The gorgeous city of Napier, which proudly showcases it’s rise from the devastation of the 1931 earthquake to become the Art Deco capital of New Zealand, turned on a splendid weekend for the 89th New Zealand Association of Optometrists conference.
Over 100 delegates were treated to a varied programme of education in a congenial, relaxed environment. Sadly, the absence of members employed by multinational companies who do not support such meetings means these professionals, many of whom are young and newly graduated, remain disconnected from the profession they have chosen. These optometrists are missing the opportunity to interact with their peers and contribute to their professional future.
NZAO President Rochelle van Eysden opened the conference with a quote from philosopher George Santayana:
“We must welcome the future, remembering that soon it will be the past; and we must respect the past, remembering that it was once all that was humanly possible.”
This became the theme for many of the lectures, wherein advanced technology was celebrated alongside cautionary notes on limitations and with emphasis on interpretation of multimodal presentations.
Keynote speaker Professor Allison McKendrick, Head of Optometry and Vision Science at Melbourne University, opened by applauding the increasing use of OCT in optometry, noting that over 75% of the optometrists in the room had access to OCT. She, however, sounded a cautionary note that this can lead to over-referral, particularly for glaucoma, since most potential glaucoma cases are stable and progress slowly. Overwhelming, public ophthalmology services can lead to those people who do have rapidly progressing glaucoma not being seen in a timely manner, which leads to poorer outcomes later, she said. Adding that those who are treated aggressively for glaucoma that was never likely to progress, must suffer the consequential side-effects of treatment.
Prof McKendrick illustrated her point by showing that some completely normal eyes can show abnormal RNFL on the OCT due to, for example, the optic nerve variation in position above or below the foveal fixation point. As the OCT references the blind spot, about 30% of scans fall outside the reference database. Prof McKendrick cautioned the need to use clinical judgement and not rely solely on the OCT. Other acquisition issues include poor image quality (for example, from dry eyes), poor image centration, significant head tilt, segmentation faults, or unusual anatomical features such as tilted discs. Prof McKendrick emphasised the importance of excellent training for the person taking the images to be able to defray these issues, particularly when comparing previous images.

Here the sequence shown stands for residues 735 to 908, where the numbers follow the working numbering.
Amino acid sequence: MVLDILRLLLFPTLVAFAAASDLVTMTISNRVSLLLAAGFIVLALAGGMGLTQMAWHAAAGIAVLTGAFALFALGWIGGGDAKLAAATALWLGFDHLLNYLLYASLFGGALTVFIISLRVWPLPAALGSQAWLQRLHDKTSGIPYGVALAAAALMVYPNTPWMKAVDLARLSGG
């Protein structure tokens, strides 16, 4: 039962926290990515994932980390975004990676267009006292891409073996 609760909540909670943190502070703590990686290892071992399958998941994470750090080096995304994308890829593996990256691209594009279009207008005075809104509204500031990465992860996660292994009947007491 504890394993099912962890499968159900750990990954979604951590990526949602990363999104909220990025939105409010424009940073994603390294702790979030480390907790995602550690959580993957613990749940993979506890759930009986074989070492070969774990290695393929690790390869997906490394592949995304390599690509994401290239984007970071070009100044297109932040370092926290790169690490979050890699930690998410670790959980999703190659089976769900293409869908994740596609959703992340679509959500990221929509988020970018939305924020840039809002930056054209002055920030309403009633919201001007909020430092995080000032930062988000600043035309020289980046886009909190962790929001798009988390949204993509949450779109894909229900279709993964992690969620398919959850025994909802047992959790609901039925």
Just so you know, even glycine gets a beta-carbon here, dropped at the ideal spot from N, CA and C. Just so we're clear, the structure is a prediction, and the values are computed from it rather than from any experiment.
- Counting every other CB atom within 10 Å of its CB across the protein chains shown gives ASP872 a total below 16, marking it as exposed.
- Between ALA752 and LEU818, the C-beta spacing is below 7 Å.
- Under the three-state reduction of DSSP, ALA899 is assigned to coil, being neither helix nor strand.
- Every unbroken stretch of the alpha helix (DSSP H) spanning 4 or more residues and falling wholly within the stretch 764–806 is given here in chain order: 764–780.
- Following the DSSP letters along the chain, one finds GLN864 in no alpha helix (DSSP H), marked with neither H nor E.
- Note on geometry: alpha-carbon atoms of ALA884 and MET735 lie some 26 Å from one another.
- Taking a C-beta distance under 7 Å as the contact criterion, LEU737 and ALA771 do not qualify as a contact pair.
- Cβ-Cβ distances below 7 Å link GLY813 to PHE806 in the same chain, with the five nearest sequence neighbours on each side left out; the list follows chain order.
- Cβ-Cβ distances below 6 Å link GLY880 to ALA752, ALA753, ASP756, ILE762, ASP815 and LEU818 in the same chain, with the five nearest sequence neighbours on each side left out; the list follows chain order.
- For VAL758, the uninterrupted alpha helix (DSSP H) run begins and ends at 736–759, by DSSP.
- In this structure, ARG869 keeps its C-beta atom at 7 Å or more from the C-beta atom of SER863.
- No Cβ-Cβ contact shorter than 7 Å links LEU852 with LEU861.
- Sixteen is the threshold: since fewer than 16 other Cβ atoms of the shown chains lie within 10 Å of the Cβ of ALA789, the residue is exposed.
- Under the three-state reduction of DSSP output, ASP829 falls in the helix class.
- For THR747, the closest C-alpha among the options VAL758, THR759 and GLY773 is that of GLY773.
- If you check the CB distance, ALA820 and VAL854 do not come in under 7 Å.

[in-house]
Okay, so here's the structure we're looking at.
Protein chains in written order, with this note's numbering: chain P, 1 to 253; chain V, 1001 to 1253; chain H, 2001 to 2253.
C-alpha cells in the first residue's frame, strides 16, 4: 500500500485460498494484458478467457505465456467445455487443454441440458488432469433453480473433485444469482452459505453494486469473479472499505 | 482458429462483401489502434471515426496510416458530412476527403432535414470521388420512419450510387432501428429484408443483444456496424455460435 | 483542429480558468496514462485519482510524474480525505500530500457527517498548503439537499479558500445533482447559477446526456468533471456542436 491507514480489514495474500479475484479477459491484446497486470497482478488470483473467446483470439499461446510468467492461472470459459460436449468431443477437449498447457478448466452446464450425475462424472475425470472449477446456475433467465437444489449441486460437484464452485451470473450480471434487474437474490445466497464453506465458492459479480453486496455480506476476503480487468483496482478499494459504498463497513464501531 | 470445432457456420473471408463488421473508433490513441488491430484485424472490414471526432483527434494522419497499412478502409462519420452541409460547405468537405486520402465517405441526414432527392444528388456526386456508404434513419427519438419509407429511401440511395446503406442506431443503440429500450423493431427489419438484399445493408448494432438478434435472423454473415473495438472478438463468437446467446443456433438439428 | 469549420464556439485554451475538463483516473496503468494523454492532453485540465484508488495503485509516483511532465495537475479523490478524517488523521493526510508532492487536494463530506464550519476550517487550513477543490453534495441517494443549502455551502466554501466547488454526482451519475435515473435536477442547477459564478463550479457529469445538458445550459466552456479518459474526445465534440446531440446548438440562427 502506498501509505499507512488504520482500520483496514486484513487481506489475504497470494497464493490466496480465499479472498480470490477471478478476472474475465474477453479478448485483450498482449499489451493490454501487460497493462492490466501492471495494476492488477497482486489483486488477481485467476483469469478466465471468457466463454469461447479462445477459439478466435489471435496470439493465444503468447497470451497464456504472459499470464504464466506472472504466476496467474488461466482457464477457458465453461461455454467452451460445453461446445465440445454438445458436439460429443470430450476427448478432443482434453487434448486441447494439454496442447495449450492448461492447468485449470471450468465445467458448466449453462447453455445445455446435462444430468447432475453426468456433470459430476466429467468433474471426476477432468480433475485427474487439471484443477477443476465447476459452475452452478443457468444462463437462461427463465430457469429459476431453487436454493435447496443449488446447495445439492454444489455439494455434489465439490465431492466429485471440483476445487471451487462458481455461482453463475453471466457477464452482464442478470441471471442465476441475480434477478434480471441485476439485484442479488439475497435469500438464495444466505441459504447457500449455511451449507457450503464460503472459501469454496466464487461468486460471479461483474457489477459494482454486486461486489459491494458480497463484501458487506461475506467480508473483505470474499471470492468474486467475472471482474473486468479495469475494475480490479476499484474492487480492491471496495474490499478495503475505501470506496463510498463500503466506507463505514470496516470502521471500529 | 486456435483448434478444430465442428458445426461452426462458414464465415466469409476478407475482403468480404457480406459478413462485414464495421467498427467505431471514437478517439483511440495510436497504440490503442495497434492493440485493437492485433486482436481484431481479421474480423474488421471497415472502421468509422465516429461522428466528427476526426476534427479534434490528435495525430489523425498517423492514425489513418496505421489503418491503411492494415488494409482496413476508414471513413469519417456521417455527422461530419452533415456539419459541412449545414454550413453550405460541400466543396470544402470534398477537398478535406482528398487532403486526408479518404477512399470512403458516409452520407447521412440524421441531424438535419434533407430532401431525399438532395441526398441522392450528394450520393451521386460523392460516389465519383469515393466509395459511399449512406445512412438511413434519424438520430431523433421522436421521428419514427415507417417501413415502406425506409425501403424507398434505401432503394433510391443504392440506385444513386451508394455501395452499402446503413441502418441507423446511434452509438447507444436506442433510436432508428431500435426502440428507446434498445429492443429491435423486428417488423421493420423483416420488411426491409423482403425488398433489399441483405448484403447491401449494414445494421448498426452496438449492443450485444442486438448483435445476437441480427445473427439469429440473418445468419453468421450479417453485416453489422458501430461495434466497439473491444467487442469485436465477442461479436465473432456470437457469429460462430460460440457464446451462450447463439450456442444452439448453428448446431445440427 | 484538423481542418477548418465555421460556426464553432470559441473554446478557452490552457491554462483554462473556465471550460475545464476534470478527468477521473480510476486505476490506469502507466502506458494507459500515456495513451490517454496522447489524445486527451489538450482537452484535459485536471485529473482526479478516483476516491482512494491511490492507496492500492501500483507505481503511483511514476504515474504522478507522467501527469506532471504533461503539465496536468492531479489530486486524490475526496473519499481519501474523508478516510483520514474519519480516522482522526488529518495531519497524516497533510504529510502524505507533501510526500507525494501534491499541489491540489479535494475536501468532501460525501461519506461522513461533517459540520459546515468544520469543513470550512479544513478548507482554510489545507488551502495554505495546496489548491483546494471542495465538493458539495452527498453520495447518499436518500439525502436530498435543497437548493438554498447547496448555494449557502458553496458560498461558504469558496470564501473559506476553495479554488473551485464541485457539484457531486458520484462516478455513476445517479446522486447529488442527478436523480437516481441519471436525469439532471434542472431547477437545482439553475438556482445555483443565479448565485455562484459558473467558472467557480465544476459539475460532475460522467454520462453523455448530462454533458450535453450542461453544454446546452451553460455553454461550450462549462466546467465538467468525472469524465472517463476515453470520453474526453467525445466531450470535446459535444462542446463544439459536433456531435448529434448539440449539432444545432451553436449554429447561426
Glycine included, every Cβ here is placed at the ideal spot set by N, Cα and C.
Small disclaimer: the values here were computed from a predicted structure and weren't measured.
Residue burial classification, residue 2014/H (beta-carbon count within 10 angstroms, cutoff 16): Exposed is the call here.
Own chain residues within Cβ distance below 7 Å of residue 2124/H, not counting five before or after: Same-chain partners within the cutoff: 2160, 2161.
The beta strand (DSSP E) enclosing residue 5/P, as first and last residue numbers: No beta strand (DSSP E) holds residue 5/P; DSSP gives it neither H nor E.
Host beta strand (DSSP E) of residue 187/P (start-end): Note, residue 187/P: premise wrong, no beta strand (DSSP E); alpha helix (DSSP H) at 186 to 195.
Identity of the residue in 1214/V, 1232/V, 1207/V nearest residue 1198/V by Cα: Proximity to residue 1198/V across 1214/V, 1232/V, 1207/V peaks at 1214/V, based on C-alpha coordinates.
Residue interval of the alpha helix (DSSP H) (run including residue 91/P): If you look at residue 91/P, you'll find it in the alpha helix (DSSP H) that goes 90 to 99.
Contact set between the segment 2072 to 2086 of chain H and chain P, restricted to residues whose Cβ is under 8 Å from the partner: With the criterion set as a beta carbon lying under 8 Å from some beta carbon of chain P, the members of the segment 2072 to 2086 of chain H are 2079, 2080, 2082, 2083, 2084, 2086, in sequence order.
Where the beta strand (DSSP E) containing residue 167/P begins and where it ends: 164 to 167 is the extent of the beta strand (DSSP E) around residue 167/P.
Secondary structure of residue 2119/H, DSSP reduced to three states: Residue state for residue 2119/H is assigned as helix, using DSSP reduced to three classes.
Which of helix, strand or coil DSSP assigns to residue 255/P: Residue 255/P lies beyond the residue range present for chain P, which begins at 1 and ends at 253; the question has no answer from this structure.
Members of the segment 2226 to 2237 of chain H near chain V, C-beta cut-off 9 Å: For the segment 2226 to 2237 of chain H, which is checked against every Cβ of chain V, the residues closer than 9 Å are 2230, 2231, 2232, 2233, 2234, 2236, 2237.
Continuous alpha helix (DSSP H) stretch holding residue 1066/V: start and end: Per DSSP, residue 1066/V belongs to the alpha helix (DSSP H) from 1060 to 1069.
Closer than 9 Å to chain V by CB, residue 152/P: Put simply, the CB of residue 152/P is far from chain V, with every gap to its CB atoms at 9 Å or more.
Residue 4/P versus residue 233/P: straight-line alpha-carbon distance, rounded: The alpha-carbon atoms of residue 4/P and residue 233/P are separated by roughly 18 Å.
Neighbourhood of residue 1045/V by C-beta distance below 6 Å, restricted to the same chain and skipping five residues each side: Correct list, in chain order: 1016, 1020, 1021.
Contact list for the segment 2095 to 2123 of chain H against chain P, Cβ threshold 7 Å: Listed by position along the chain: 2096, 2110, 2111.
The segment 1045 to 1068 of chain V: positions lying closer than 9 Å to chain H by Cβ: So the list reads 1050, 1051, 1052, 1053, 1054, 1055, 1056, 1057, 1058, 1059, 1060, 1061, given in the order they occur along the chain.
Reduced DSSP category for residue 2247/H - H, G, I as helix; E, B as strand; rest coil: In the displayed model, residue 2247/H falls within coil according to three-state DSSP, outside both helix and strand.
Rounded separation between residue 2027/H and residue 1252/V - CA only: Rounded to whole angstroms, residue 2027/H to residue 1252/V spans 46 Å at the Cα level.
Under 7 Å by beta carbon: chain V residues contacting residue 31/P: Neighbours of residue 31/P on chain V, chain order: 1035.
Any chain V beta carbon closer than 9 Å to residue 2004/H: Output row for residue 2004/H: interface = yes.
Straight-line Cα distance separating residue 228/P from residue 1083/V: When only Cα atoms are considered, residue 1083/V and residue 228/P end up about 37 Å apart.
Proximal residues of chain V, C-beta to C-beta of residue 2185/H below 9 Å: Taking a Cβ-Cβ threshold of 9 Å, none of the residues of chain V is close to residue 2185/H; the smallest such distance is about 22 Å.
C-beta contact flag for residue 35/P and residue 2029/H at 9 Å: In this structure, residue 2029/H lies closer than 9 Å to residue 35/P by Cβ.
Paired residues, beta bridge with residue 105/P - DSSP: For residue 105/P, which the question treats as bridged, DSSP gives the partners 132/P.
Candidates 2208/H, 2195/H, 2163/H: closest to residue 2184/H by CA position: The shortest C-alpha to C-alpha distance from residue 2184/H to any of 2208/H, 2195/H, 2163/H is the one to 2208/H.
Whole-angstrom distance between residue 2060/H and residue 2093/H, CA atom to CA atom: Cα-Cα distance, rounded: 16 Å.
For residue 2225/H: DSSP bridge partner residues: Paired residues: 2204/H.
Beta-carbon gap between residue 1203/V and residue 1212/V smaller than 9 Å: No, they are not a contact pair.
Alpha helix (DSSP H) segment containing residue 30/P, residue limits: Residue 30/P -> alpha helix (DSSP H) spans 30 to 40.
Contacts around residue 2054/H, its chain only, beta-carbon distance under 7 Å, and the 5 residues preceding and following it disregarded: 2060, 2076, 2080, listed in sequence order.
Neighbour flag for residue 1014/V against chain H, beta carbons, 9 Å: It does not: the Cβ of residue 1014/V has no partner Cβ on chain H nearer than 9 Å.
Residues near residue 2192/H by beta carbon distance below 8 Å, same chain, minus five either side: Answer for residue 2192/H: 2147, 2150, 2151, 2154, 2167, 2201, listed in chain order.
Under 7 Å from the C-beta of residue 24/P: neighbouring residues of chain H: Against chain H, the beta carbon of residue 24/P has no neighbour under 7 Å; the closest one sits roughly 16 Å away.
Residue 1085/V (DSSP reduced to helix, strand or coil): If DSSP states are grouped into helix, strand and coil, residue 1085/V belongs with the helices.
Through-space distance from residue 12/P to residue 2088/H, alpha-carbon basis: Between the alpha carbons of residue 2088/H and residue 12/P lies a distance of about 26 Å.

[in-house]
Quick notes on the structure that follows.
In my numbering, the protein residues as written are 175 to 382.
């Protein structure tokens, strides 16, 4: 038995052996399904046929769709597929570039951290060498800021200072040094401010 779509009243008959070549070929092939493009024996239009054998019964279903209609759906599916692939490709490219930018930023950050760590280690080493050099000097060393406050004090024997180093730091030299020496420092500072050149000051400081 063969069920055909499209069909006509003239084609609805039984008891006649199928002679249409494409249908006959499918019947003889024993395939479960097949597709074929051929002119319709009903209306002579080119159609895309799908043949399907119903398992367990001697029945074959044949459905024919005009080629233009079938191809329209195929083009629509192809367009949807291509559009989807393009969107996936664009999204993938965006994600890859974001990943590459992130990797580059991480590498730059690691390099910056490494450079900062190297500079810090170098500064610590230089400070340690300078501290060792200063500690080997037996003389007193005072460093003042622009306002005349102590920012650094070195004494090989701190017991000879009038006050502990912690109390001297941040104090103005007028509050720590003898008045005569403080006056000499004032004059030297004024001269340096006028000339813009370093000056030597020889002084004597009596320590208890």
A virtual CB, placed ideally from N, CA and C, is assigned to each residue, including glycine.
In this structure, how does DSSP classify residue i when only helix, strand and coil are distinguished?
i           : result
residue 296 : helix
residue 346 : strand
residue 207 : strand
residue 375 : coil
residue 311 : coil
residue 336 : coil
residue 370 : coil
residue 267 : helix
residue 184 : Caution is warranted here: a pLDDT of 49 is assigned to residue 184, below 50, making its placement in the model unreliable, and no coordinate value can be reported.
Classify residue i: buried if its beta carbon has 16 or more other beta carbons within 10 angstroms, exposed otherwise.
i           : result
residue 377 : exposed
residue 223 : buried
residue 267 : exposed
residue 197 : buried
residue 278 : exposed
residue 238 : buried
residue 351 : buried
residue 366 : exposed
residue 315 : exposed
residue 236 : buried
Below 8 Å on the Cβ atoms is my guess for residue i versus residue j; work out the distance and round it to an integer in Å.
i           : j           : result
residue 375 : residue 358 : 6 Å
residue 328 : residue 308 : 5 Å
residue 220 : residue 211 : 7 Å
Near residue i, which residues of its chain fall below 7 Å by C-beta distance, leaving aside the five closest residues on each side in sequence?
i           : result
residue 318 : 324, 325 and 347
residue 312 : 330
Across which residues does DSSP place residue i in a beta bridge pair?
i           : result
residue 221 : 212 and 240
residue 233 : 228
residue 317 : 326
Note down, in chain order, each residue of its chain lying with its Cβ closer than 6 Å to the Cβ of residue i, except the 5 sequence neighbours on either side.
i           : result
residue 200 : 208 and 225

In the future, we will see a return to more personalised medicine and structure-function mapping, she said. In the meantime, we must rely on previous experience and skill to interpret correctly.
Dr Anjelica Ly continued a similar theme in her discussion of the role of imaging in monitoring AMD and predicting future progression. She asked the rhetorical question, “What tools do I have in my exam room to make my life easier?” I would prefer to rephrase that as “to make my patient’s life easier”, however, the answer lies in prognostic biomarkers. The word of the moment is prognostication, or determining who will lose vision and who won’t, based on four risk factors of drusen appearance and pigment. Again, the take home message was to use as many tools as you have at your disposal to identify progression. Applying evidence-based comparisons to catch late AMD early and imaging can be helpful in tying it all together.